While the characters of Laila Lalami’s newest novel confront and sometimes overcome the discomfort caused by their differences, Lalami presents one final troubling question for her readers: what markers of violence have our willingly blind eyes allowed to fester?
Adnan’s rejection of boundaries of time, geography, and standard logic echoes the very nature of two of her works: one written in English, one translated from French, one intentionally written as a collection, one pulled together from many years of disparate writing.
Although none of the characters in Isabella Hammad’s new novel are diasporic themselves, her intricate use of Arabic instills the mixed language of diaspora with a fresh purpose.
Confronting the manifestations of trauma in individual people and larger communities, the nonlinear form of Iman Humaydan’s 2012 novel exposes the importance of living with complexity despite its accompanying discomfort in the context of the Lebanese Civil War and beyond.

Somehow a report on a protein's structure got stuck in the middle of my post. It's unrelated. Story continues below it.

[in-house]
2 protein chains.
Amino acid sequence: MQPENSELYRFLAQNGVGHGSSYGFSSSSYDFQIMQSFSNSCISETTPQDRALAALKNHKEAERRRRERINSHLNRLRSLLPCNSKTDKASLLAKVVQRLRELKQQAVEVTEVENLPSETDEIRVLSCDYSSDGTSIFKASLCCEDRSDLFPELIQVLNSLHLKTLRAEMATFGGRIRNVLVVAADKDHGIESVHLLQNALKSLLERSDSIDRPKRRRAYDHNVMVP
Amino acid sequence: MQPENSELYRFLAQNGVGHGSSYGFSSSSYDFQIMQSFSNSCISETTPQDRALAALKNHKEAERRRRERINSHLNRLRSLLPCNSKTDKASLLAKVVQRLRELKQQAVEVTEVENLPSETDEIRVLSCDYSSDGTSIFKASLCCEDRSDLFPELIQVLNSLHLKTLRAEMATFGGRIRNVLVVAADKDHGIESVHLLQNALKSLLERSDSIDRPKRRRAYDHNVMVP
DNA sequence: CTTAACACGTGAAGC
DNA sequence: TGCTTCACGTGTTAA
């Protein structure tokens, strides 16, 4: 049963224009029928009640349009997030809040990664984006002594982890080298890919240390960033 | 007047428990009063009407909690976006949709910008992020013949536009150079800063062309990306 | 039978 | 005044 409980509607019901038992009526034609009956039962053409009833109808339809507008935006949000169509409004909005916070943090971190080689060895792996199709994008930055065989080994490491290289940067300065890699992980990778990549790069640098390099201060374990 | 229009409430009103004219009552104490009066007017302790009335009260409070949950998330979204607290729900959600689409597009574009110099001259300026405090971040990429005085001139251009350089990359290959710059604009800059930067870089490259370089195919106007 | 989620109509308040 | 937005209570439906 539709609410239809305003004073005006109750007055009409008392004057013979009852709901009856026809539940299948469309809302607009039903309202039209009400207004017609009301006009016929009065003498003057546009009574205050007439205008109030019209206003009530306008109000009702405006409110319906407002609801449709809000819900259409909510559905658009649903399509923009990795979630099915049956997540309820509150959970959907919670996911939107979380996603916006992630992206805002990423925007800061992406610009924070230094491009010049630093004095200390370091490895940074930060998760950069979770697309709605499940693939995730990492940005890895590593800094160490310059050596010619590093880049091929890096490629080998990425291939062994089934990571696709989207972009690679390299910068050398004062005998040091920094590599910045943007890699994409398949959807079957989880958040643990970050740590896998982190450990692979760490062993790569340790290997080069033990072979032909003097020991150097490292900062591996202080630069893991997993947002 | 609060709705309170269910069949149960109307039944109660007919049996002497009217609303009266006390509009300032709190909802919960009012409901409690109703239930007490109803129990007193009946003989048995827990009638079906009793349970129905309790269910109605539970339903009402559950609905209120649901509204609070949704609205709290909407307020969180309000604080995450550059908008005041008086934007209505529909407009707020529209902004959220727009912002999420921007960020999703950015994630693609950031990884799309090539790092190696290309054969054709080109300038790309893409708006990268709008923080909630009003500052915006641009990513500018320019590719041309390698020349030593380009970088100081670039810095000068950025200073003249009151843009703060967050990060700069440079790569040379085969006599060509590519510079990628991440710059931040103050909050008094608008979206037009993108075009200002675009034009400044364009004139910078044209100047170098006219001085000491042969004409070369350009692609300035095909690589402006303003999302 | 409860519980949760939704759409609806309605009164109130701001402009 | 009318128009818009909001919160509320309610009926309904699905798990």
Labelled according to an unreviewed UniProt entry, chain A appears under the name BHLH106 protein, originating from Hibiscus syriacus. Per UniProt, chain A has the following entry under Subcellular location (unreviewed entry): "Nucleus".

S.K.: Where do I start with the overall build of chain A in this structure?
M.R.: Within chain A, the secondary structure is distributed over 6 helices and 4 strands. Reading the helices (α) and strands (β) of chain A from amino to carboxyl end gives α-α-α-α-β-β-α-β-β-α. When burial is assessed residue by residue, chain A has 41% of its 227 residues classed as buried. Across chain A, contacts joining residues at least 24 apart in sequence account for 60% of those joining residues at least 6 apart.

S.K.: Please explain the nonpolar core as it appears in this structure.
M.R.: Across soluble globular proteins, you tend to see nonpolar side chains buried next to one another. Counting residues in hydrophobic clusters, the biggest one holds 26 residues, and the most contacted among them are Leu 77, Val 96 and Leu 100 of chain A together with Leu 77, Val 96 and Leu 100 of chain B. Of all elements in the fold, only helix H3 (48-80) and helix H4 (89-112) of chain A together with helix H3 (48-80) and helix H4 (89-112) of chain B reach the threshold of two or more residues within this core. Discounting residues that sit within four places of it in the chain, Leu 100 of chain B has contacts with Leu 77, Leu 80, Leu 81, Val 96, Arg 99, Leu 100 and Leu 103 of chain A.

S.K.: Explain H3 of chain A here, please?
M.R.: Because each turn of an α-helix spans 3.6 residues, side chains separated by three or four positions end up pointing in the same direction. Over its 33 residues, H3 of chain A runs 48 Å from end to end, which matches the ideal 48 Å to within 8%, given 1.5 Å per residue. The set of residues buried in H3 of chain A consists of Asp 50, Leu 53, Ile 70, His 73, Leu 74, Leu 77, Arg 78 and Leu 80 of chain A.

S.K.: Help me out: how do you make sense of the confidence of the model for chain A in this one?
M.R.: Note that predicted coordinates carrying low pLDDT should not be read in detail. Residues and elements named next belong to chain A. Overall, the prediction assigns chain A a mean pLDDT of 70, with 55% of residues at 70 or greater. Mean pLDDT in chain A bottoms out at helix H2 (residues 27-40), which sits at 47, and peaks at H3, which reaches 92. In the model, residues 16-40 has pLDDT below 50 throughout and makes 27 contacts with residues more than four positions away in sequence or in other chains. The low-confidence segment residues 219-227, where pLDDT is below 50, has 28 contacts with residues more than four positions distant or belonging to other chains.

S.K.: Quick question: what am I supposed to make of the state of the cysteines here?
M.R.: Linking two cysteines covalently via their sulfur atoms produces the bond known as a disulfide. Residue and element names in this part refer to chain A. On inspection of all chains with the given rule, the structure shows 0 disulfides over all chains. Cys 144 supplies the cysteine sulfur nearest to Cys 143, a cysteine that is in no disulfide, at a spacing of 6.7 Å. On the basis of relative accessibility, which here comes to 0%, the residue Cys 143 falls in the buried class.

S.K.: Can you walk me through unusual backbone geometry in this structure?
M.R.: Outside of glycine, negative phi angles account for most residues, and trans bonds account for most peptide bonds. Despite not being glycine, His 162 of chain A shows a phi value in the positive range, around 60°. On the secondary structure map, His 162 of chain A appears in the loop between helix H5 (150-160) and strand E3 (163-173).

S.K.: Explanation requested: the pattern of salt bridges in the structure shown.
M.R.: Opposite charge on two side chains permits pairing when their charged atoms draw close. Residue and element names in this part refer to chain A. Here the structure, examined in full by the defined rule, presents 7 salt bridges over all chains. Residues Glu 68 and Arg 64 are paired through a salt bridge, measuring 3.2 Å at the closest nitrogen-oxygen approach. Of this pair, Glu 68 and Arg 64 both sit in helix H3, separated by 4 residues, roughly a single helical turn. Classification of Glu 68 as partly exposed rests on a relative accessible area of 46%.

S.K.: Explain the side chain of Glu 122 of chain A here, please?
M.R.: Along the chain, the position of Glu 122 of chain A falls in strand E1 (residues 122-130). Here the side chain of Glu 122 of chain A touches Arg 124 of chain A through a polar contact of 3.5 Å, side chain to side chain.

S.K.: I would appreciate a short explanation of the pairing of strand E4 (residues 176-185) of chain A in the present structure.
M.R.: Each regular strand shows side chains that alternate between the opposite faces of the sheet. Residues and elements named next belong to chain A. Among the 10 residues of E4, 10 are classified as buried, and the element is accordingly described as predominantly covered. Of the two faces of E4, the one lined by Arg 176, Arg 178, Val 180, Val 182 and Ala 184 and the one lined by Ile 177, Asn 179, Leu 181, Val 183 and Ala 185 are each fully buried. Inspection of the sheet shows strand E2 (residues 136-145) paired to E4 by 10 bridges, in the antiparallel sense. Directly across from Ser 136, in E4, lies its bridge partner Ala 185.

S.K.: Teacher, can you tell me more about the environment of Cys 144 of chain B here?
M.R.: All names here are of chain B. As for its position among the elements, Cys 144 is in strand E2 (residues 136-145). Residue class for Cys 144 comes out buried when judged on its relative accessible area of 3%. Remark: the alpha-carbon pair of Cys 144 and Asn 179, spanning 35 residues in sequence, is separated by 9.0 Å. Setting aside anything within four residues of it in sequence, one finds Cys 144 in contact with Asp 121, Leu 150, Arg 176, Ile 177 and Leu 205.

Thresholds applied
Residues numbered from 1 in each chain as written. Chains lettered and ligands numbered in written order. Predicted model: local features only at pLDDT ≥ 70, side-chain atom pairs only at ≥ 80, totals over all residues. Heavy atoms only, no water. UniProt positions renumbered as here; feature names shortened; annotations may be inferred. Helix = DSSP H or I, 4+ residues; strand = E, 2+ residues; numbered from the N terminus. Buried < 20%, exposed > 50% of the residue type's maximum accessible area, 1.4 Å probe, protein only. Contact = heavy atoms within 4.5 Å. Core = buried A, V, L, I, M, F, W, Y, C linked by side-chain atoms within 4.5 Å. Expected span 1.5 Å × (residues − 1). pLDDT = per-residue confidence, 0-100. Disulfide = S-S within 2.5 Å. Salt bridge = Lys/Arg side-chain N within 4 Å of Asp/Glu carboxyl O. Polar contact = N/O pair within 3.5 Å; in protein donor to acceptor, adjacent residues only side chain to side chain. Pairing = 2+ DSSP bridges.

Leila S. Chudori’s 2012 novel uses food as a mechanism to create and sustain intimacy during political exile and as a method of resistance against the imposed narrative of the dictatorship.
Azareen Van der Vliet Oloomi’s humor and literary power bring a fresh, clear, and unapologetic voice to the experience of living as an other in the global North while simultaneously shedding light on exile’s true absurdity: that society remains apathetic toward the exiled.
Djebar’s compelling 1985 novel is not only a crucial historical contribution from the Algerian perspective, but one that comes from an intersectional lens, giving voice to the often silenced and overlooked participation of women in struggles for independence and making space for these histories in the current global conversation.
Austin Reed’s 1858 book evades generic stability, blending memoir with picaresque, bildungsroman, jeremiad, and others to reveal the injustice of the justice system and the perpetuation of a criminal cycle as enforced by a racist state.